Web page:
Friday, February 12, 2010

Olympian Ambivilence

I've got this little knee issue that's stealing much of my sleep for the moment, so I found myself up at 3 this morning, watching the news, having given up the sleep ghost for a while. By 5 the pre-torch run show was on, and at 6 I watched the throngs begin the final day's surge across the Lions Gate Bridge.

I was at the Olympics in 1988, and it was quite a show. The day I rode up the chair lift just ahead of Eddie the Eagle, they had to shut down the luge run due to the chinook that blew through, spraying prairie dust all along the icy surface. Low snow seems to be a theme with our Canadian Winter Olympics, it seems.

I've felt far more ambivalent about the approach of these games. Even in this post-9/11 world, the billion dollars the IOC and VANOC have allotted to security seems like an unthinkable amount. Last night as I drove home along the Sea to Sky there were six police cars who had pulled drivers over in the course of the fifteen minute drive.

While the television coverage doesn't really show it, most of the torch-bearers had the ubiquitous Coca-Cola truck running interference for them, replete with go-go dancers for that special little commercial touch.

And, how our premier can beam fondly over at the well-protected, torch-bearing Arnold Schwartznegger this morning and at the same time make cuts to education [800 teaching jobs on the line in Vancouver alone next year] and health care -- well, it leads one to want to turn one's back on the spectacle entirely.

And yet...

There's THIS -- a look at our beautiful country through the eyes of others who may never have seen it if not for the torch run. Or the pictures here, which I took the other night at the downtown branch of the Vancouver Public Library. They depict a collection of twinkling dreams made corporeal, shot high through the air into a web of hope by those who see the Games as a peaceful way for countries to gather together.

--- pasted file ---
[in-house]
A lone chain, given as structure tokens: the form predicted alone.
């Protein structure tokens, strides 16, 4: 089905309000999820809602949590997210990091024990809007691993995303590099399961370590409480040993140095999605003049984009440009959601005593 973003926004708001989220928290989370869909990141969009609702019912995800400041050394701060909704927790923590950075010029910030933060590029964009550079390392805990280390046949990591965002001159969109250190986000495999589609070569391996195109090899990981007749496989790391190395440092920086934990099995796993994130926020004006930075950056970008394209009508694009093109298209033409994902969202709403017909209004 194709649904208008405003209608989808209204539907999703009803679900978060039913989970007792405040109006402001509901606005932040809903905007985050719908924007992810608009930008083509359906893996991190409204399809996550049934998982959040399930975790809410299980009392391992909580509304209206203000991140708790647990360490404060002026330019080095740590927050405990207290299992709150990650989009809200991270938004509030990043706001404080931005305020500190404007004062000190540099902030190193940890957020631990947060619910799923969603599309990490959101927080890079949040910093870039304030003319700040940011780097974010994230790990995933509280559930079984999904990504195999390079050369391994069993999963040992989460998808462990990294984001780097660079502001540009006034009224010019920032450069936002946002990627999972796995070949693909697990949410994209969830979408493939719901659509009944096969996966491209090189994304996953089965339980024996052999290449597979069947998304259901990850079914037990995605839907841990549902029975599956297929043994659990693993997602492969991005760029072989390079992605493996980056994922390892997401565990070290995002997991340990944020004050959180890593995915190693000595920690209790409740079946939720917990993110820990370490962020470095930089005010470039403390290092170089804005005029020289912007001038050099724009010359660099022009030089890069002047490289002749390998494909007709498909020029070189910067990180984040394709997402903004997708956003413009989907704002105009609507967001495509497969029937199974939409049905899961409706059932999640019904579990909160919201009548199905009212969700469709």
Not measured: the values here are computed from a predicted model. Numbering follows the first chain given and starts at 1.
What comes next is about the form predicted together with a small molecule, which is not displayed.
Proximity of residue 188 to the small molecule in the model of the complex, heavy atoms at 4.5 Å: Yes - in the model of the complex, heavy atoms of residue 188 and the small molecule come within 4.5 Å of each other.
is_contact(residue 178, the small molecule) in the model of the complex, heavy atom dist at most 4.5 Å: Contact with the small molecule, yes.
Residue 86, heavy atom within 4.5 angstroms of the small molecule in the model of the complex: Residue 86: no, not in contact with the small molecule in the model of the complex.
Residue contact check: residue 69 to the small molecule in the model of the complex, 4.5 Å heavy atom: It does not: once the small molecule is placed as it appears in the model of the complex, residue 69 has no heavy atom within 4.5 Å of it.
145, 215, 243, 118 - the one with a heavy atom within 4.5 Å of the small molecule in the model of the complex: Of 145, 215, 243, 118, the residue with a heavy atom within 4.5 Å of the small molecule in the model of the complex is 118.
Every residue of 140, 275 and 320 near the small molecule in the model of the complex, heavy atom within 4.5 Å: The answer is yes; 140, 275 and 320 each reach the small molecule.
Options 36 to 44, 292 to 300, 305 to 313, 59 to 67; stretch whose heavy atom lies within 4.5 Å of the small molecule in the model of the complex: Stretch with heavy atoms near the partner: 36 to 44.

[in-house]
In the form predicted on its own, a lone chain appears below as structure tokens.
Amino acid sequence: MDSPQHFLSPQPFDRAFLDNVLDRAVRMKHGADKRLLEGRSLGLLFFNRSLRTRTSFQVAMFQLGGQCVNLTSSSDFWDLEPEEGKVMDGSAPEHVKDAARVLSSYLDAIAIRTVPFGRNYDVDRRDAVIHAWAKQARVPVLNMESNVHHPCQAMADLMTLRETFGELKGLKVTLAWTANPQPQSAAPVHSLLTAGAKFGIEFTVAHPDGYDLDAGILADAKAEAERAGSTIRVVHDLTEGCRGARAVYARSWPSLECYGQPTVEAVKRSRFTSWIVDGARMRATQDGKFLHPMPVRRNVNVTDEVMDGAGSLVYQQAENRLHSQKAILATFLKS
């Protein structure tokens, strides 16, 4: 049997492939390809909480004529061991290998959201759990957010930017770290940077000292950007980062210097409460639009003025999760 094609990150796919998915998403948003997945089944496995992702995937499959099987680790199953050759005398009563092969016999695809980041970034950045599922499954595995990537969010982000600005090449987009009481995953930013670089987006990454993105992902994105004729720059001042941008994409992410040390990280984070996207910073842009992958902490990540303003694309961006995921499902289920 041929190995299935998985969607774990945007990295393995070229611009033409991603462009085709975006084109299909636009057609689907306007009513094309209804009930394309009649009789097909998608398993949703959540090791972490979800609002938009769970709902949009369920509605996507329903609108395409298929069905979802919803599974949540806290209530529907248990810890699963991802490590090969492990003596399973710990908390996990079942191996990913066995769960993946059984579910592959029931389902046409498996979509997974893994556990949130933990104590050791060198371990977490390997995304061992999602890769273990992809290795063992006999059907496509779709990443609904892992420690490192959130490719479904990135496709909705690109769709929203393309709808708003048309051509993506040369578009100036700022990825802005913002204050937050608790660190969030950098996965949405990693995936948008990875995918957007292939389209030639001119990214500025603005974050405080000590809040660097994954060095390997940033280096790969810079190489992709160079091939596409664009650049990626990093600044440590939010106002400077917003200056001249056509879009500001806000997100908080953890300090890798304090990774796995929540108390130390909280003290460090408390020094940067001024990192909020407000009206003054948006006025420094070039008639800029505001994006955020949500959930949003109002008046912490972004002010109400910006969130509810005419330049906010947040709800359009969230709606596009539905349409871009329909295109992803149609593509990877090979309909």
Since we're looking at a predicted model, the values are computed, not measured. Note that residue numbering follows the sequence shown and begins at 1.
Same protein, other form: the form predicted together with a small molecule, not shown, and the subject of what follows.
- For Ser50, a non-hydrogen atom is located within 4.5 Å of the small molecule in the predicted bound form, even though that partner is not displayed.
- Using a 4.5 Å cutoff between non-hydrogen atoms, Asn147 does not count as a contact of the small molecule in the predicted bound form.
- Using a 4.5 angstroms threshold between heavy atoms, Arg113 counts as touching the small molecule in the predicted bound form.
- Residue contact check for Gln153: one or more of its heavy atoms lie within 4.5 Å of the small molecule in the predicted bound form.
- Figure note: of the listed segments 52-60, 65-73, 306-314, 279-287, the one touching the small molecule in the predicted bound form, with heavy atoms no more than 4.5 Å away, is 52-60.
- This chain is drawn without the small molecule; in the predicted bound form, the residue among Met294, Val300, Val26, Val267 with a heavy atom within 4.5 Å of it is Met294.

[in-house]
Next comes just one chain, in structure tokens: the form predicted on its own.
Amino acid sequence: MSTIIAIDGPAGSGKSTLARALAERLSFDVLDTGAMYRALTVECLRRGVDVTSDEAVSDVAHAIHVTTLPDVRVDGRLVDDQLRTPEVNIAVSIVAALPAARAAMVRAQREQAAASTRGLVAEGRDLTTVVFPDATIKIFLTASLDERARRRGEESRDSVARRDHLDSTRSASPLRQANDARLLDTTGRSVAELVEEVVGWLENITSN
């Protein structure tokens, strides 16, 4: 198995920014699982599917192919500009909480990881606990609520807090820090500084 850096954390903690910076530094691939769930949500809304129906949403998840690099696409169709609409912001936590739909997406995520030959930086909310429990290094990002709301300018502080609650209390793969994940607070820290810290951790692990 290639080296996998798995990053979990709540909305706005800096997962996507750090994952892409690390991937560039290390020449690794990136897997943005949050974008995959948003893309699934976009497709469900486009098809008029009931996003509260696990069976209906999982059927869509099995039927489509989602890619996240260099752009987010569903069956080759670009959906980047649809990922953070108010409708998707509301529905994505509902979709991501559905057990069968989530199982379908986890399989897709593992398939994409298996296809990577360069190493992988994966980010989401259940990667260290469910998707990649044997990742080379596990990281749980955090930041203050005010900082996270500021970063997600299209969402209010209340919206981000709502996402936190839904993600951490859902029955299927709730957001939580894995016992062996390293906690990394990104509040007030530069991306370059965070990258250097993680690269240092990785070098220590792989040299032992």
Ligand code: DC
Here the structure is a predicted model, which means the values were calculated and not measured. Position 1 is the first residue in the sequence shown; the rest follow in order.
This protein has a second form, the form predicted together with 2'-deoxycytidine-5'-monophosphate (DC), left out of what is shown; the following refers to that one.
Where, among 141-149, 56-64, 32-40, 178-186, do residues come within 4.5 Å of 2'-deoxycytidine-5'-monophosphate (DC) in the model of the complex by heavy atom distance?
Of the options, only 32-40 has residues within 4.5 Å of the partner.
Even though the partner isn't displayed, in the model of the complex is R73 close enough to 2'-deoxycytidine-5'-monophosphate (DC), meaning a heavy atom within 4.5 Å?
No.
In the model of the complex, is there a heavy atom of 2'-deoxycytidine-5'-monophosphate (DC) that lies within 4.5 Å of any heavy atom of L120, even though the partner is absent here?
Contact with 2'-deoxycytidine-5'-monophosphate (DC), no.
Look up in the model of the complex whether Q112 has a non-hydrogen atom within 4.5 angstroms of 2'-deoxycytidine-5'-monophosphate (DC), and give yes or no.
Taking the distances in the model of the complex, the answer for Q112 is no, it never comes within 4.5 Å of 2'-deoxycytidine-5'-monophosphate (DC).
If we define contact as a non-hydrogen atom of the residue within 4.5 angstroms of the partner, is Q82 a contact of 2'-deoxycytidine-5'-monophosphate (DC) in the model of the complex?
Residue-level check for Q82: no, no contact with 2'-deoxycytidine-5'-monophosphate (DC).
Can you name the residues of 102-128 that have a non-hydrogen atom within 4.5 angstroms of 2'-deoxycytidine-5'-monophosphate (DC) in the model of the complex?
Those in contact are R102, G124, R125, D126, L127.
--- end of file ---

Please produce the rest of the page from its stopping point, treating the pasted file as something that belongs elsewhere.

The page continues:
So for all those athletes and volunteers and well-wishers -- let the games begin. I'll fire high my twinkling hopes for great competition, good sportsmanship and increased understanding among nations. And I'll save the worries for my city and province for when the post-Olympocalypse descends.

[Now, if you'll excuse me, I have to head out onto the Sea-to-Sky and remember to drive with due care and attention, UNDER the speed limit...]



Gerb said...

Ooh. I hope your knee gets better! What's going on?

I know what you mean about ambivalence. I think about the women of ski jumping not being allowed to participate yet again and it kind of sours the whole thing for me.

That plus, like you said, the amount of money it takes to host an event like this seems obscene when housing and education suffers.

And yet... I was at the 2002 Games in Salt Lake and the atmosphere was electric. Knowing the kind of work the athletes put in and the sacrifices they made to be there made me want to give them their moment and wholeheartedly support it.

Will Vancouver recoup the money they put into the Games, I wonder? Historically, isn't it a boon to the area that hosts? (I have no idea, but I figure there must be a payoff that makes us we fight to host the games on our turf...)

Whatever the case, let the games begin!

オテモヤン said...